A Sunday Times interview with Jilly Cooper informs me she's about to hit 70 - in another age her ST columns dominated the latter half of weekends: a forerunner of Bridget Jones; but a married, upper middleclass variant. Celebrity columnhood segued effortlessly into equestrian blockbusterdom and now all she must do is live as long and productively as Barbara Cartland in her Gloucestershire pile that overlooks the sheep.
I shall never forget being at one of her book dos with a friend, the late interiors writer June Ducas (aka Magdalen Jane Ruth Ducas, an ex-wife of one of the Ogilvys). Jilly was working the room like the good professional self-publicist she is and June - very much a Jilly mate - made an approach to her mid-chatter, mistiming it admittedly. Jilly turned on her like a maddened cat - "June! Not now! Can't you see I'm talking!" More shocking than the face contorted with fury or the shrieking voice was the violence and speed of the mood switch. After that, whenever I saw Jilly on TV parading her familiar gap-toothed and breathless amiability, I had to smile a little.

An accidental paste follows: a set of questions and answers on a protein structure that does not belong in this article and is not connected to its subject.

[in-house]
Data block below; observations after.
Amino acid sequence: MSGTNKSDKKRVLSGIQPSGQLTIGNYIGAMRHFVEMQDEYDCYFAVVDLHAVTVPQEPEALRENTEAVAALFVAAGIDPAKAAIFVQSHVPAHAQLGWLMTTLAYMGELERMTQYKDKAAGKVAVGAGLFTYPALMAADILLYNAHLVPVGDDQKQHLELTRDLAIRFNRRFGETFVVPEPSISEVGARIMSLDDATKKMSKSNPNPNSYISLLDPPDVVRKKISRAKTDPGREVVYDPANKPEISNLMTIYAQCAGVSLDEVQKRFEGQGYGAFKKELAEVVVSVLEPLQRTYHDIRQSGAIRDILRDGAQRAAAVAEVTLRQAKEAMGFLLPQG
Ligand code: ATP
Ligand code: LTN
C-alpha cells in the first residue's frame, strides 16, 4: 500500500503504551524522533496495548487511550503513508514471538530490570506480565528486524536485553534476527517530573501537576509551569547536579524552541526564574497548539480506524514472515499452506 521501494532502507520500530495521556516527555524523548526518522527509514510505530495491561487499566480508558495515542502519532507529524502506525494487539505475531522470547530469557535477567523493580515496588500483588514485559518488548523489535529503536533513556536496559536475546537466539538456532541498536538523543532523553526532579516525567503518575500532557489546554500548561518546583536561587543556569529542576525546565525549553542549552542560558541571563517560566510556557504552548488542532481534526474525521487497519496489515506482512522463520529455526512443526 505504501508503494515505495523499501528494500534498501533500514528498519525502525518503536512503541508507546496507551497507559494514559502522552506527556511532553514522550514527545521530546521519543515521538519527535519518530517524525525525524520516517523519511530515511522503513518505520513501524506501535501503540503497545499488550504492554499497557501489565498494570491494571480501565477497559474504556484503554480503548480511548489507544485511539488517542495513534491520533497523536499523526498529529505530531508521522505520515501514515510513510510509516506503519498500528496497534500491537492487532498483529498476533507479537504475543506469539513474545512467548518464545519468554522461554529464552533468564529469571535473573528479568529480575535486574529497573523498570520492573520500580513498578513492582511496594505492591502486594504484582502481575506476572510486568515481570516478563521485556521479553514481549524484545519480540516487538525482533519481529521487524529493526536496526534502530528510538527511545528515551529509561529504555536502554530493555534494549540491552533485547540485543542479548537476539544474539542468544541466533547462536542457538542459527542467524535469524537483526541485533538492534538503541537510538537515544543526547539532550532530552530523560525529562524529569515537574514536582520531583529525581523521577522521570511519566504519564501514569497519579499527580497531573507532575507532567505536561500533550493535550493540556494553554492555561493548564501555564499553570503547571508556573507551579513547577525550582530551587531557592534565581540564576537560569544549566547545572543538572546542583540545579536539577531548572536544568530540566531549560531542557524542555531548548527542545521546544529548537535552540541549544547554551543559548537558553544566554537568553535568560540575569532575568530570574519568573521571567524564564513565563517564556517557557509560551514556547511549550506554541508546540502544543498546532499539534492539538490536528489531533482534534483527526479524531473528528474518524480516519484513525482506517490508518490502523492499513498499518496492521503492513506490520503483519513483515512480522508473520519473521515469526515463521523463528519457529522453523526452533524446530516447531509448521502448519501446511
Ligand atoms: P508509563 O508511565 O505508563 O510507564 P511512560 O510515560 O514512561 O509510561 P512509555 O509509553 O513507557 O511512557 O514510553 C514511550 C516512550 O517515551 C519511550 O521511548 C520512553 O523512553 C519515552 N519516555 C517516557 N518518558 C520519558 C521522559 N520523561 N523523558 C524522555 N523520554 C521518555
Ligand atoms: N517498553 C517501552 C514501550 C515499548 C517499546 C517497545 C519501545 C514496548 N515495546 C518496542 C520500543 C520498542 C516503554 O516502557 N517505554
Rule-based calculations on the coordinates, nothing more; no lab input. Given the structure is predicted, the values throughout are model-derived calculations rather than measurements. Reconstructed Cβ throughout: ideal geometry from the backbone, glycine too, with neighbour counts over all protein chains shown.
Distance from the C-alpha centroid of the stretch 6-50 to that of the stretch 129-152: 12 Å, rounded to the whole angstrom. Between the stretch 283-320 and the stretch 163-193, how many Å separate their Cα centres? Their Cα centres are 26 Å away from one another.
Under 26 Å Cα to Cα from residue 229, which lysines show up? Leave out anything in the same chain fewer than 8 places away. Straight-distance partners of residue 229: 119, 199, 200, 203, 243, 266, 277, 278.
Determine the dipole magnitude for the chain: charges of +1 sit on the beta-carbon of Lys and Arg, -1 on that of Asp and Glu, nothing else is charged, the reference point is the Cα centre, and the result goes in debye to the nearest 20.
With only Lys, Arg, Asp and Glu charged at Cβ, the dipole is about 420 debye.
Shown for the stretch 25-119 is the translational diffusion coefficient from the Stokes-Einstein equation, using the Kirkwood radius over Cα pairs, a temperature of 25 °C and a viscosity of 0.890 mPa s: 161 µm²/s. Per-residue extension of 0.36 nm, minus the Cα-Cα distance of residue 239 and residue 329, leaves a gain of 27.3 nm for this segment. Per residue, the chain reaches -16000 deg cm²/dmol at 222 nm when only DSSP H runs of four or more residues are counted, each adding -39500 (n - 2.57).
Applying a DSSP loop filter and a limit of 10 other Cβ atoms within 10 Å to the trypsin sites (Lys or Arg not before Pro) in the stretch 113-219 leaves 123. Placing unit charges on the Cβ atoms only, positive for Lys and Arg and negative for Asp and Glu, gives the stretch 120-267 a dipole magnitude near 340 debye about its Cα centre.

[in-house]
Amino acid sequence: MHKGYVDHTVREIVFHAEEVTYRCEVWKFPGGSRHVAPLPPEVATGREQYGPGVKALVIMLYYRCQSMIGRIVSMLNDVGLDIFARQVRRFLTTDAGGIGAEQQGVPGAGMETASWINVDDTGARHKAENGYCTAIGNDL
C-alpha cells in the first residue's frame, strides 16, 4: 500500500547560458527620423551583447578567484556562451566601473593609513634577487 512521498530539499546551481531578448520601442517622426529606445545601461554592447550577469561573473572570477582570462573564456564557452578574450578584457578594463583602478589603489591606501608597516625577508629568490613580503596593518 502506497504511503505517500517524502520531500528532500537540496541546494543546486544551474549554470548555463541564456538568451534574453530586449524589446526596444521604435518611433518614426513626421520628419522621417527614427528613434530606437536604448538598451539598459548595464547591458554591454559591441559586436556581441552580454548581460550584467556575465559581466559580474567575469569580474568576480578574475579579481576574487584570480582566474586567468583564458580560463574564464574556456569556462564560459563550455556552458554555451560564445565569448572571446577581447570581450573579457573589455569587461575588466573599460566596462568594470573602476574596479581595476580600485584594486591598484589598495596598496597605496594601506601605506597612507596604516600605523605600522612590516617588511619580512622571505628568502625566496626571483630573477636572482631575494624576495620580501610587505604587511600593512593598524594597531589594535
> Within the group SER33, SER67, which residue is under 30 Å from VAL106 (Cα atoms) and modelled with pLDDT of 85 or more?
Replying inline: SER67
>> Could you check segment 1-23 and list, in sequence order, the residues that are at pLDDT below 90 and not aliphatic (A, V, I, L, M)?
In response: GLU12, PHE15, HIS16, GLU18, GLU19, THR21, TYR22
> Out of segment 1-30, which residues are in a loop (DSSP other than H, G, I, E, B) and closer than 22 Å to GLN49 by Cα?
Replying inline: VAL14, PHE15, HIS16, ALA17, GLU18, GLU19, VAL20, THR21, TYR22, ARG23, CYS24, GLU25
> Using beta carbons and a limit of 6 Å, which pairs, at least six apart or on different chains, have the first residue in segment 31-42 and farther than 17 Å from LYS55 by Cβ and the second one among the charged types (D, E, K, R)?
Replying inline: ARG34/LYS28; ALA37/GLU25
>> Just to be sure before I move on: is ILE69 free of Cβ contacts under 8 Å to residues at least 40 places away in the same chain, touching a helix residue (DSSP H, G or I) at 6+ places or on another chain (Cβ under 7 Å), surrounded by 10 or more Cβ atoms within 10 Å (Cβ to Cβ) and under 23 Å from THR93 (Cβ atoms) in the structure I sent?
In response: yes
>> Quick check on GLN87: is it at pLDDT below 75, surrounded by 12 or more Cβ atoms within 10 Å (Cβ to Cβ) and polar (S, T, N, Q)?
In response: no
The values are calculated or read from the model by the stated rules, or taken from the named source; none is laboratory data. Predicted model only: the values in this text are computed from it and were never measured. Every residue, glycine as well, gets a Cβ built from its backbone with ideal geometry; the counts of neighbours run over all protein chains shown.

Part of the Cooper story of course is husband Leo's transgression with a Jilly lookalike years back - he is now sadly ill with Parkinson's. But Jilly herself - though she is remembered as the betrayed wife - is not above suspicion. In the ST interview, there's an allusion to her odd "transgression" during the fabled days of wife-swapping (surely not over).
But there's no mention of the late crime writer and literary critic Julian Symons with whom she enjoyed a tender friendship. Time to come clean Jilly.